By Alistair Aird
In the past 24 hours, we have been battening down the hatches as storm force winds and torrential rain have battered the country. The adverse weather conditions will relent soon no doubt, but the same can’t be said for the storm that brewed at Ibrox a couple of weeks ago when Rangers meekly surrendered to a depleted Celtic side a matter of days after being pulverised by PSV.
The cacophony of boos that followed the 1-0 Old Firm defeat were widely regarded as the most venomous and vitriolic ever heard at the stadium. The fans vented their fury and performances since then – with the exception perhaps of the second 45 minutes against Real Betis – have done little to inspire confidence that the tide will turn, and Rangers will ride this one out.
In the eye of the storm is the Rangers manager, Michael Beale. He has cut a beleaguered and bewildered figure – like a rabbit in the headlights – as he has tried to restore calm and get his Rangers side back on an even keel. But he hasn’t helped his own cause by continuing to make changes to his starting XI and the way the team is set up. The summer overhaul of the squad has left Beale with plenty of options to choose from, particularly middle to front, but too many of the new recruits have yet to find favour with the Rangers supporters.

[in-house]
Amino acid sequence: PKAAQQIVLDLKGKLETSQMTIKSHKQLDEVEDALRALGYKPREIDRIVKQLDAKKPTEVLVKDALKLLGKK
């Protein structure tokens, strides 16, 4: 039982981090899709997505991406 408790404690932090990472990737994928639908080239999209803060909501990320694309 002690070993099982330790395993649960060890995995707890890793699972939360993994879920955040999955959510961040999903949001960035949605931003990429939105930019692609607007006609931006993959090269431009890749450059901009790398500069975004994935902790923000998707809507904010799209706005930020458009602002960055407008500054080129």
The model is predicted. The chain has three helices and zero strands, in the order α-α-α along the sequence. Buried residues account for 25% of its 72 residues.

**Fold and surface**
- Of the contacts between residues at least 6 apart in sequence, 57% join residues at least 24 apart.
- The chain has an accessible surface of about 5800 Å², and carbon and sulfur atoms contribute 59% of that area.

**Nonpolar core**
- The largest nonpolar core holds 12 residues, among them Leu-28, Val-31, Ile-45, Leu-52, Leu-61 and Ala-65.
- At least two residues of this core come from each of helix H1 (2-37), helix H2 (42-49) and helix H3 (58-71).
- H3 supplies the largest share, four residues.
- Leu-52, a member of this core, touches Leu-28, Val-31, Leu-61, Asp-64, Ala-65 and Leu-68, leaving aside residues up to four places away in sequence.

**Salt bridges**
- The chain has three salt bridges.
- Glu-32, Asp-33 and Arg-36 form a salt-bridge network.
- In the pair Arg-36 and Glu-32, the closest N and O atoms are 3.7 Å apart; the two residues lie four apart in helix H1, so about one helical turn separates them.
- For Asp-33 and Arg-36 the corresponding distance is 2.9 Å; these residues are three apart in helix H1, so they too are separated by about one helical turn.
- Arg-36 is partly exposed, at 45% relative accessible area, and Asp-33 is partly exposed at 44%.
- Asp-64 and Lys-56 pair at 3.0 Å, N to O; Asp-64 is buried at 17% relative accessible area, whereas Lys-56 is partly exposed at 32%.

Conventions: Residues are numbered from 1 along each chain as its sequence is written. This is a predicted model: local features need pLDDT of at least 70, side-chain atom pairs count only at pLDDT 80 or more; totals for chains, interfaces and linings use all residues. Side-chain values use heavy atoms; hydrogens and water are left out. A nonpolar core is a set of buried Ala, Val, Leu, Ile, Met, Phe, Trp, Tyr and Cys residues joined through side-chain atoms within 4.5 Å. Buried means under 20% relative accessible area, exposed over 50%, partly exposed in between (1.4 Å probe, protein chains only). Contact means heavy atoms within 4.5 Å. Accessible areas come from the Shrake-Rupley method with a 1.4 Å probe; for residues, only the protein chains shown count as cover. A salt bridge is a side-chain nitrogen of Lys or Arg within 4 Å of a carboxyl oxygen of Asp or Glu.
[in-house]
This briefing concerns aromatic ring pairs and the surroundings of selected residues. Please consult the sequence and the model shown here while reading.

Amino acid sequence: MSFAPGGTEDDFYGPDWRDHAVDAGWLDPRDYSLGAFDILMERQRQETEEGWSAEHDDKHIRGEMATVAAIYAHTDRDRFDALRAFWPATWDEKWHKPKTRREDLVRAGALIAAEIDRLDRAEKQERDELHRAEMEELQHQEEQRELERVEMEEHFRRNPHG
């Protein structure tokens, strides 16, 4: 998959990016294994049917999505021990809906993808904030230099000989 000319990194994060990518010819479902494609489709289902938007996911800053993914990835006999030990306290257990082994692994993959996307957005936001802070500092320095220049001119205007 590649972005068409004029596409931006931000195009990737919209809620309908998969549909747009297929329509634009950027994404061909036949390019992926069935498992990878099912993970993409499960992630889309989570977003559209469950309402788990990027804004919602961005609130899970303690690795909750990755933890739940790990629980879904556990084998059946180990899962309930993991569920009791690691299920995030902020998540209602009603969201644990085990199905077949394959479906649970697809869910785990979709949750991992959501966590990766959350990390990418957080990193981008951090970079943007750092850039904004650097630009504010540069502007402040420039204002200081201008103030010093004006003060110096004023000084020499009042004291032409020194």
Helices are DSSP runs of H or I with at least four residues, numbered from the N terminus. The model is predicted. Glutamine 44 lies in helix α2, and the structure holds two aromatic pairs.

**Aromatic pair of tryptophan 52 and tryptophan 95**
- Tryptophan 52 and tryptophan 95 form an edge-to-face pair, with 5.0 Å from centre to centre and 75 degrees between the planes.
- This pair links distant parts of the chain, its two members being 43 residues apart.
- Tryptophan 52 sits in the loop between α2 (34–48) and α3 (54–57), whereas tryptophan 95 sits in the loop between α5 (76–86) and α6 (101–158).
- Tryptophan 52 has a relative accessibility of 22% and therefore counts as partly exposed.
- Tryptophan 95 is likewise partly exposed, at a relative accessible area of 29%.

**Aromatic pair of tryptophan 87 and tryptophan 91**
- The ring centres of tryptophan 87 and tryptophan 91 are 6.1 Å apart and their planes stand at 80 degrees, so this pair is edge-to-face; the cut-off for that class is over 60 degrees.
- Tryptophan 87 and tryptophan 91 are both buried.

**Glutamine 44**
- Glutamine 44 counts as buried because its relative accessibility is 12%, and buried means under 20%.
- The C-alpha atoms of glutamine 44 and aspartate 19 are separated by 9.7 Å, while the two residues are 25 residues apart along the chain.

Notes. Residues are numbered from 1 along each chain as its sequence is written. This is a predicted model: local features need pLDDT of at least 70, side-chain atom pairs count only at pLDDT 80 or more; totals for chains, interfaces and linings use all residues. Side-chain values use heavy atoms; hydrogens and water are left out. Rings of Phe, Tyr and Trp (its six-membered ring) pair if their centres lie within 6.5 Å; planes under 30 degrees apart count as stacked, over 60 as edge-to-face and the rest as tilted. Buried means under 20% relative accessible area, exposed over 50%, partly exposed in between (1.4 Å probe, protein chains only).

The air of apathy was still lingering in the air ahead of this match in four sparsely populated stands. You still have the feeling that it is a matter of when rather than if the manager goes, but the League Cup at least afforded Beale a shot at glory and redemption. However, although Celtic are out of the competition, there weren’t many supporters that were brimming with confidence that Rangers would swat aside all the challengers and have their name etched on the trophy for the 28th time.
When the team lines were handed out around an hour before kick-off, it came as no surprise that changes had been made to the side that stuttered their way to a 1-0 win over Motherwell at the weekend. Out went Borna Barisic, Scott Wright, the injured Rabbi Matondo, and Cyriel Dessers. In came Ridvan Yilmaz, Ryan Jack, Abdallah Sima, and Kemar Roofe. Formation? It looked like some variation of 4-3-3, but there wasn’t much to suggest that this would be the night that the ‘handbrake’ would finally be released, and the forwards would ‘wreak havoc’.
Before kick off there was a poignant tribute to Jim Forrest who has passed away at the age of 79. Boasting a remarkable record of 150 goals in 170 games for Rangers, Forrest once scored 56 goals in one season. Even Ally McCoist couldn’t match or better that tally in his 15 seasons as the spearhead of the Rangers attack. As the stadium fell silent to pay their respects to Forrest, there would have been many who would have welcomed a player with either McCoist or Forrest’s finishing prowess into the current shot shy squad. In fact, a centre forward capable of scoring a fraction of the goals those two did for Rangers would have sufficed.
Livingston, led by the refreshingly honest David Martindale, must have fancied their chances of eliminating Rangers and to all intents and purposes, seal Beale’s exit from the Rangers manager’s office. They took to the field with two former Rangers players, Stephen Kelly, and Jason Holt, in their midfield, while another, Andrew Shinnie, was on the bench.